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Montevideo, September 26th 2022 - 13:25 UTC

 

 

Political turmoil making Uruguay investment alternative option for Chilean business people

Tuesday, August 9th 2022 - 08:13 UTC
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Chilean companies have invested heavily in Uruguay, Arauco and its Montes del Plata pulp plant, Enjoy, (casinos and hotel), and Sodimac (the Chilean version of Home Depot) Chilean companies have invested heavily in Uruguay, Arauco and its Montes del Plata pulp plant, Enjoy, (casinos and hotel), and Sodimac (the Chilean version of Home Depot)
Chileans are concerned about the results of the new constitution referendum scheduled for September Chileans are concerned about the results of the new constitution referendum scheduled for September

Uruguay is becoming a growing option for Chilean business people and investors given the political climate and favorable economic scenario of the Mercosur member, while conditions in the Pacific nation are rapidly deteriorating under political stress and adverse conditions for business, according to Santiago economic media.

Although trade relations between Chile and Uruguay have been fluid, particularly in the last twenty years with the arrival of Chilean companies such as the forestry giant Arauco and its Montes del Plata pulp plant, plus Enjoy, (casinos and hotel), and Sodimac (the Chilean version of Home Depot), just to mention a few, the situation in Chile is making investors look for alternative opportunities.

In effect the current constitutional reform process which will be put to a referendum vote next month is causing much uncertainty since Chilean public opinion polls indicate it could be rejected by over ten points, which will definitively further weaken an already fragile ruling coalition.

“In the new constitution some of the pro investment rules which made Chile strong institutionally have been questioned generating an uncertainty the country has not been used to for decades,” admits Manuel Alcalde an expert in tax law and former coordinator of fiscal policy at the Finance ministry.

Likewise a fiscal reform bill sent to Congress early July, which if finally approved would mean a significant change in fiscal rules, “the largest reform in the last four decades, it is ambitious, and aggressive since it targets a revenue of some 4% of Chile's GDP,” explains Alcalde. The bill includes a tax on wealth, which has generated doubts, and apprehension, particularly among the rich, as well higher income tax rates, which do not satisfy middle class contributors.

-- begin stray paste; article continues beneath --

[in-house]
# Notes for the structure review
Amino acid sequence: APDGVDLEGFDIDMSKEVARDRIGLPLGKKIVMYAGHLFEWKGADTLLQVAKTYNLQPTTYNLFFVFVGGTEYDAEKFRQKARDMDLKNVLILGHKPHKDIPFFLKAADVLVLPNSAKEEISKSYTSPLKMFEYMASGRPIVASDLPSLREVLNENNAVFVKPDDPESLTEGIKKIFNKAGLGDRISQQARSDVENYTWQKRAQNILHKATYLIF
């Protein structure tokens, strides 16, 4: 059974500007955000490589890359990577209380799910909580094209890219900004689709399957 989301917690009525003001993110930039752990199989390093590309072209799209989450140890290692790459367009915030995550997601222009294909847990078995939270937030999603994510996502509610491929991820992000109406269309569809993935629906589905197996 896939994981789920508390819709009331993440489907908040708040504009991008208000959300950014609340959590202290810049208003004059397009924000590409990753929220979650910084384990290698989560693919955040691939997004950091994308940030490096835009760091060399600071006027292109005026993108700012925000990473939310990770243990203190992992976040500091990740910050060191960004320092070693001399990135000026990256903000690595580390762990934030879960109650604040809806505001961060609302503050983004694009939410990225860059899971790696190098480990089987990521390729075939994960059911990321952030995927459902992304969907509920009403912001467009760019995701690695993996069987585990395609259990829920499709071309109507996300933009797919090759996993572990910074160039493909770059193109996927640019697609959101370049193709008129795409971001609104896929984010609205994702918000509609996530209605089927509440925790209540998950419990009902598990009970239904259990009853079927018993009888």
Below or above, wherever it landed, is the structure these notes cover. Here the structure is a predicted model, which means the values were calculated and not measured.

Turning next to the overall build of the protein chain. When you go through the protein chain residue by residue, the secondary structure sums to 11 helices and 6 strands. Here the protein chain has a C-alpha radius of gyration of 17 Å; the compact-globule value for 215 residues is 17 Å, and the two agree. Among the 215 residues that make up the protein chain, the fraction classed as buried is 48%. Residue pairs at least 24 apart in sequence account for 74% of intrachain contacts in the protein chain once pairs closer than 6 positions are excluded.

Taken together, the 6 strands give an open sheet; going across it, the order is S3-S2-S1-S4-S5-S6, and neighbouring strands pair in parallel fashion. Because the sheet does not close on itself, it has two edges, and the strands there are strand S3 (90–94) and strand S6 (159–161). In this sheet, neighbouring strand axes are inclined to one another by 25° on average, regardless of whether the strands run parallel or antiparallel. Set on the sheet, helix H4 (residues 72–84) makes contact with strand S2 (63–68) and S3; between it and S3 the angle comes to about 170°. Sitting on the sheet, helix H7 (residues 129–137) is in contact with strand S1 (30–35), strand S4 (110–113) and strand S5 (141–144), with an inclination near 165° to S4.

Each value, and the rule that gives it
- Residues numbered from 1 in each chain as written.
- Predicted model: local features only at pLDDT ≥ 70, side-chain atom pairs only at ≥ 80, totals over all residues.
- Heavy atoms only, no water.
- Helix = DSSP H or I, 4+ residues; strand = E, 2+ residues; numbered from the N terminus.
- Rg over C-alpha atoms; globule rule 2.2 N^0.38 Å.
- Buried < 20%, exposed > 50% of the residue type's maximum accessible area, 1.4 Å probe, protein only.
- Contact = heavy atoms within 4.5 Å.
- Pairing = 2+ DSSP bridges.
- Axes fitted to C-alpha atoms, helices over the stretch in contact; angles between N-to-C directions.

Likewise if anyone is thinking in avoiding the 5% wealth tax on all assets, by leaving the country or changing fiscal address, it will have to be done now otherwise that person will also have to pay a so called “exit tax”. Another chapter in the reform, alleging Chilean food security allows the country to ignore the relevance of trade treaties.

“It's a too important, deep fiscal package and has many business people thinking about remaining in Chile or looking for alternatives, which will have to be decided before 2024 if the bill is passed, a delicate situation which has retracted investment plans,” points out Alcalde.

He added, “In this context Uruguay is a good place to take savings and plans. They have good communications, a solid financial system, opportunities in real estate, agriculture, forestry and technology...”.

Leading Law and Tax firms in Uruguay admit that there has been a considerable increase of inquiries from potential Chilean investors, but most are still making numbers, “they are still in the search and sound stage”.

However economist Aldo Lema from a Uruguayan consultant office points out that aside from the “economic, political and social contingencies faced by Chile, during recent decades relations between Uruguay and Chile have intensified with Chileans interested in investing in Uruguay”.

“I believe it is part of a process, Chilean corporations have grown overseas, looking for new markets and diversifying risks, and for many of them Uruguay has been the first step, precisely because of its political, social and economic stability, strong independent legal system, plus institutional similarities between the two countries”, points out Lema.

“This is a process that started in the nineties, has increased in the last two decades, and it has been two ways, Uruguayan companies have also established in Chile, but it is also true that Uruguay offers foreign investors economic and fiscal incentives, which has it not only in the horizon of Argentines, as has been traditional, to a certain extent for Brazilians, and now for the Chileans.”

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